Sunday, May 8, 2011

Dividing Head for Taig (and others) - Part 1 - Body and introduction

The dividing head was inspired by the work done by Tony Jeffree, and then heavily modified to suit my own circumstances and situation. (Note - Tony has a second design which uses a Taig spindle - see this link)
All photos in this series of articles were taken after construction had concluded since I did not have a camera during the build. This build occurred in Q2-3 of 2005 and was documented on Nick Carter's page back then.

Figure 1 - Dividing head in use on Taig Lathe

You can buy dividing heads - example shown here from Amazon, and there are books which touch on building your own (another example from Amazon) - in short, you need to decide what resources you have,and determine the best course... in my case I did not have a great amount of money, and I did have some time, and a willingness to learn - this meant I made my own. If I had the money... the start of many dreams. I don't have either of these products, but show them as examples of alternatives to scrap metal, wrecked sewing machines, etc.

Building the dividing head body and base.
I started by making up a spindle. Tony's one used a drill chuck, but after reading many text books which talked about not disturbing work in chucks, I decided it would be better to make my dividing head use the lathe chuck if possible. This meant I had to make a spindle with a nose of 3/4"-16 tpi, with a 30 degree included angle for collets, and a through spindle bore of at least 3/8".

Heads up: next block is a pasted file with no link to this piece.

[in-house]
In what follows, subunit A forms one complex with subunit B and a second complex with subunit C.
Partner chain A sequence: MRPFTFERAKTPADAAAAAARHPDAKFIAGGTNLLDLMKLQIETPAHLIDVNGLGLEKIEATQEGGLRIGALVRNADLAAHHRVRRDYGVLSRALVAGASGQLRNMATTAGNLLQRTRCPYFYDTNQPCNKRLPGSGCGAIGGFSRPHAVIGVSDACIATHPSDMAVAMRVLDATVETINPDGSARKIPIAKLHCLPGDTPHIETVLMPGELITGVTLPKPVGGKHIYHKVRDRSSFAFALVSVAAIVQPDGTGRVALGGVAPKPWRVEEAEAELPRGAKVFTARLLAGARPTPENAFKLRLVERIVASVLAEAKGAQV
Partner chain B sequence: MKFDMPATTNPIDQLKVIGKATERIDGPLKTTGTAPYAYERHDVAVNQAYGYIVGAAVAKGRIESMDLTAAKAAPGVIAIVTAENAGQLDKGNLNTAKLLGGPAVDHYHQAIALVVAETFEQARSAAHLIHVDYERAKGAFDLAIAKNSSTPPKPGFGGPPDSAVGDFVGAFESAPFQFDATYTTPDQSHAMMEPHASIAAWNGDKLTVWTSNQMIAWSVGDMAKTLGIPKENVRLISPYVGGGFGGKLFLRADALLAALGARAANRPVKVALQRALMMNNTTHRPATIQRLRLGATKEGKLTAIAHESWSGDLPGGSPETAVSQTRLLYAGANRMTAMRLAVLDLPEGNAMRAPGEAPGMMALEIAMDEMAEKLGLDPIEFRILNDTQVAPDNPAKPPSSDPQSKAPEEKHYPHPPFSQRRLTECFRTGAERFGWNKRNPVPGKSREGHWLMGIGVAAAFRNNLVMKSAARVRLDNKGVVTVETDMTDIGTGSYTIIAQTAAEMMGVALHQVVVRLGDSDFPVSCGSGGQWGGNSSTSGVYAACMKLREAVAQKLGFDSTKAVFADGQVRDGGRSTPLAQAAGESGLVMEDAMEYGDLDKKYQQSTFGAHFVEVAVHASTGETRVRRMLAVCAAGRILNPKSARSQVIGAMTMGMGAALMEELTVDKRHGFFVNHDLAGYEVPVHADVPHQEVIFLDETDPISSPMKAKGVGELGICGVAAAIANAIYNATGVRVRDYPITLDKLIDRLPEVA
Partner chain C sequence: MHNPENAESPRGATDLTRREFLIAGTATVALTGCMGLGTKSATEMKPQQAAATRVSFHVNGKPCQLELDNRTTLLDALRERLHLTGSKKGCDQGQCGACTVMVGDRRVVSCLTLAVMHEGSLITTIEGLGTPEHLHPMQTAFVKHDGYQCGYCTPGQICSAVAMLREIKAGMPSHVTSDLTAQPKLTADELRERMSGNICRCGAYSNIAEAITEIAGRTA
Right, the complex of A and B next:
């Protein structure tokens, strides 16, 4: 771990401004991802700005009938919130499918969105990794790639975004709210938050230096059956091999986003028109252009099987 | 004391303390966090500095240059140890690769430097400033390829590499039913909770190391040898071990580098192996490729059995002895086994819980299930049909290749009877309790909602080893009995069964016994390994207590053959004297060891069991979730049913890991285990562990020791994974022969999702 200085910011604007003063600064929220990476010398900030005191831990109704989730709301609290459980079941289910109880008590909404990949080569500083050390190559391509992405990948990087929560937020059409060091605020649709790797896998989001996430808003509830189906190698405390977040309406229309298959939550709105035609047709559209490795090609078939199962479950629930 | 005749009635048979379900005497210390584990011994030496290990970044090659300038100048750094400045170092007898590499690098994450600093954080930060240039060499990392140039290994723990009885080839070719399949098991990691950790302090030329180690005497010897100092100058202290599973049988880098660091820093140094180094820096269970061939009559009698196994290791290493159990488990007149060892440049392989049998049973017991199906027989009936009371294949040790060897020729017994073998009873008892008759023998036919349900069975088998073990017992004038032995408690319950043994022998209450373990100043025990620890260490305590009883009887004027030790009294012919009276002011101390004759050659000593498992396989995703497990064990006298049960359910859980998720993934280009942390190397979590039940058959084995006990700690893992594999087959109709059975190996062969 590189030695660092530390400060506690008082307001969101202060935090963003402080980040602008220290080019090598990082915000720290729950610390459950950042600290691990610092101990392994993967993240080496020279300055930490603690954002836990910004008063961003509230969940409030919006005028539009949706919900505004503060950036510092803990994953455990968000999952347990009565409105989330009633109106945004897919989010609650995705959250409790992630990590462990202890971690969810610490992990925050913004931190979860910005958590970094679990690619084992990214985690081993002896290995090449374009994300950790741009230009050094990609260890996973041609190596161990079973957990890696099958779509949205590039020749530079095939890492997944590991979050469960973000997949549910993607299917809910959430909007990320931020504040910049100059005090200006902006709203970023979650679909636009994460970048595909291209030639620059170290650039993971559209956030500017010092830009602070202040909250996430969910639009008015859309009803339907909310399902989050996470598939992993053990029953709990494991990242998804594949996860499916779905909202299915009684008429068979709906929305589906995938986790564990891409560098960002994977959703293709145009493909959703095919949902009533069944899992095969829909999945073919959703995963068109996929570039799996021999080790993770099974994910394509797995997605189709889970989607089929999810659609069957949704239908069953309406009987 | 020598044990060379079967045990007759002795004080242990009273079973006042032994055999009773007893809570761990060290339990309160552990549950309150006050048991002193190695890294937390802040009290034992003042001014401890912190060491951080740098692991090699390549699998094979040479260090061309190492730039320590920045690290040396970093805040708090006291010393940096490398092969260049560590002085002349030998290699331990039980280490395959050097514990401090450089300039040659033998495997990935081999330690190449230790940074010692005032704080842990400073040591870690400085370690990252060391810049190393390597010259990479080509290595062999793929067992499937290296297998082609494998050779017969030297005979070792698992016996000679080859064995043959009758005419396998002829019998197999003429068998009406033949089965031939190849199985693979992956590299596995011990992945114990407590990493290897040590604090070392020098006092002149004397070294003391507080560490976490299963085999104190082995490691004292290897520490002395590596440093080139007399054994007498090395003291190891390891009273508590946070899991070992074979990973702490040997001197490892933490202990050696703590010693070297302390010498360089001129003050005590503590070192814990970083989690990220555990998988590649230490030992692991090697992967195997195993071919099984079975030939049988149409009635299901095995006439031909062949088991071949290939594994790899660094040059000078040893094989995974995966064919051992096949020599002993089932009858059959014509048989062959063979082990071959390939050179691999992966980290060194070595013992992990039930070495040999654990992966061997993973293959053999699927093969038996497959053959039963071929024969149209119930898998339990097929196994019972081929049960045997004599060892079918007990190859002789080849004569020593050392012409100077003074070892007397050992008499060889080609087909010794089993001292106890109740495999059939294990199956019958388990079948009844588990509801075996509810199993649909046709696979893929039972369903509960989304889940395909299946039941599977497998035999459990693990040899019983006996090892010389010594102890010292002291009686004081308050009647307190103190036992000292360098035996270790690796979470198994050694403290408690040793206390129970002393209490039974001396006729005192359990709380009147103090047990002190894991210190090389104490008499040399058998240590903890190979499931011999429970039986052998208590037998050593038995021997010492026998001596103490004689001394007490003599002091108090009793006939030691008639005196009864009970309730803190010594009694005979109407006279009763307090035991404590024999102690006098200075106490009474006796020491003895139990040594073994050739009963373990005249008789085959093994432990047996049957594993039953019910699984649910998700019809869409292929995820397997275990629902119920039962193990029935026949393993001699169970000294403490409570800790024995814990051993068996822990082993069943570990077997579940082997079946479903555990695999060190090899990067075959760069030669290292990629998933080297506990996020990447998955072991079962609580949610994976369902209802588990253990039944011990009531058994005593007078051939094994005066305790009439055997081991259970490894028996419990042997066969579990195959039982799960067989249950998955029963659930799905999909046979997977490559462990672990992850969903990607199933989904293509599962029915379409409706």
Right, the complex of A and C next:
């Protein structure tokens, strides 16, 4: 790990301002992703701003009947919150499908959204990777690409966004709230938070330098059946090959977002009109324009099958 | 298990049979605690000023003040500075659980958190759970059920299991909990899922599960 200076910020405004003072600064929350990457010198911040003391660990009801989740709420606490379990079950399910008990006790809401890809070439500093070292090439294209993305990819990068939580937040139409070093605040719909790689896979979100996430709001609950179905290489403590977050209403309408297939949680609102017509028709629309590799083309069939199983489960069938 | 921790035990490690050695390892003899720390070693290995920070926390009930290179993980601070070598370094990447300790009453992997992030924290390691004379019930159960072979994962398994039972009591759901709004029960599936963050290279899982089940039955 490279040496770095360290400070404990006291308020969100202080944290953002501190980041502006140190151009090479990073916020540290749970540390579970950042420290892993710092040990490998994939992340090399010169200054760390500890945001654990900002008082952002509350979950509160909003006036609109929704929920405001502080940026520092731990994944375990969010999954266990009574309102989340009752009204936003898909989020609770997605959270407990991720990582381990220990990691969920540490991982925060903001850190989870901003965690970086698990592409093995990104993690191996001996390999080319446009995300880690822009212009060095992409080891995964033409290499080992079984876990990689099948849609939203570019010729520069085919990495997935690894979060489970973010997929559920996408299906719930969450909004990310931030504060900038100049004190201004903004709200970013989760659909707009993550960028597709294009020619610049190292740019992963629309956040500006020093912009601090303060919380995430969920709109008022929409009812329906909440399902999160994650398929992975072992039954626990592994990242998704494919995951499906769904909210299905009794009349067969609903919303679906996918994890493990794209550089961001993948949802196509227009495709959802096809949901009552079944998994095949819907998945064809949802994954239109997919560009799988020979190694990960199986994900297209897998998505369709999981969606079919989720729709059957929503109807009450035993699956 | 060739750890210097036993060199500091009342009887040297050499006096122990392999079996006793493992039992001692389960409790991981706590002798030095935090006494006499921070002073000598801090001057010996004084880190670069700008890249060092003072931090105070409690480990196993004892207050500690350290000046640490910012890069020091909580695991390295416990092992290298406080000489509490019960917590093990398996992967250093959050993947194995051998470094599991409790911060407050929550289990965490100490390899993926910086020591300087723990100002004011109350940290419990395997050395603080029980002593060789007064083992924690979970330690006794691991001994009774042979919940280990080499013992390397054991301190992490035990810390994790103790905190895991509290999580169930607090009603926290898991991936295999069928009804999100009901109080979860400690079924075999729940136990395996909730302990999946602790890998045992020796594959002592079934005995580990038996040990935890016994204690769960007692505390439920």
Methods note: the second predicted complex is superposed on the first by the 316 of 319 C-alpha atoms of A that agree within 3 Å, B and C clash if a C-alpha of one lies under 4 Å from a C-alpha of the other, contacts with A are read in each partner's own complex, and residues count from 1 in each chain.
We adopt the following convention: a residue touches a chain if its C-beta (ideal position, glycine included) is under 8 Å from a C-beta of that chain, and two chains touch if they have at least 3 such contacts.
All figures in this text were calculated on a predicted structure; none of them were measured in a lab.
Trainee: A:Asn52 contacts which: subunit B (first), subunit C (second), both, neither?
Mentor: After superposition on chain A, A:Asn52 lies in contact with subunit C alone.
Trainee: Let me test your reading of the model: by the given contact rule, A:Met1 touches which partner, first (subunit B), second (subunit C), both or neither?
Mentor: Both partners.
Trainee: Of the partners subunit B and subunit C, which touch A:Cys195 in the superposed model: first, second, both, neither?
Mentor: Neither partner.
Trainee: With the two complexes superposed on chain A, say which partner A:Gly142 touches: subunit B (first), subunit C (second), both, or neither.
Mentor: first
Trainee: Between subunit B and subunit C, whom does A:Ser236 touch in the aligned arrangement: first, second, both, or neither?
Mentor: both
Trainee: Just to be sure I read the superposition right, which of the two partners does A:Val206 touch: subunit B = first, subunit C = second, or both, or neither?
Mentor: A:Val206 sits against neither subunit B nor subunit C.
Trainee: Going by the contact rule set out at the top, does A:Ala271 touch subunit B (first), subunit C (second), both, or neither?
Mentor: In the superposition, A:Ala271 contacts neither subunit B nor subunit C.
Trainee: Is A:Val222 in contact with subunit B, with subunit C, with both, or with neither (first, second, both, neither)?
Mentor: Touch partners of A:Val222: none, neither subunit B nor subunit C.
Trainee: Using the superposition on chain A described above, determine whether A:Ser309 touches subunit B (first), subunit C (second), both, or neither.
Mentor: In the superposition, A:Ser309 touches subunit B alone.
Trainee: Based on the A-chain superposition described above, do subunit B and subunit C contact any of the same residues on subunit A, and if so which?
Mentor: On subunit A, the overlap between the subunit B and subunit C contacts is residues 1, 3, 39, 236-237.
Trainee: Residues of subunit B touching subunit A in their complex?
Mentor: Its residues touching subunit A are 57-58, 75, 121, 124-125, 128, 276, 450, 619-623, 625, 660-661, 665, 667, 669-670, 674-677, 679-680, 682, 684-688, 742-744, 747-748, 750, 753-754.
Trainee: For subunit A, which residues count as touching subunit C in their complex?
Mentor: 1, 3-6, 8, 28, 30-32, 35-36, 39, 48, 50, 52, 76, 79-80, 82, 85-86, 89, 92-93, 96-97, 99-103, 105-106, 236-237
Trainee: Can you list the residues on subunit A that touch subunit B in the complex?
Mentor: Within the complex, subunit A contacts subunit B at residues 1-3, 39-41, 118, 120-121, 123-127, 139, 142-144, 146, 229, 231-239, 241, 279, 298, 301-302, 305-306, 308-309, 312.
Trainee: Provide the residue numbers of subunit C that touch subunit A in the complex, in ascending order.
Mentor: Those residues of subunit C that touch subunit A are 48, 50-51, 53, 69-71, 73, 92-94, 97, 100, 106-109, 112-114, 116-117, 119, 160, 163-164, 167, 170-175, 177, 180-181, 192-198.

I had previously bored the spindle of my Taig lathe to 7/16" not long after purchasing it so I could pass 3/8" stock through the head - I used the same drill size to bore out the spindle of the dividing head.

Using a larger lathe (Thanks Dad!) I turned a 3/4-16 thread on a piece of 3/4 shafting, and drilled/bored the 7/16" through hole. I then made a collar which was shrunk on to form the register face for the lather spindle nose. This register face ensures the alignment of the lathe chuck. Whilst facing the register face, I also bored the tapered seat for the taig collets.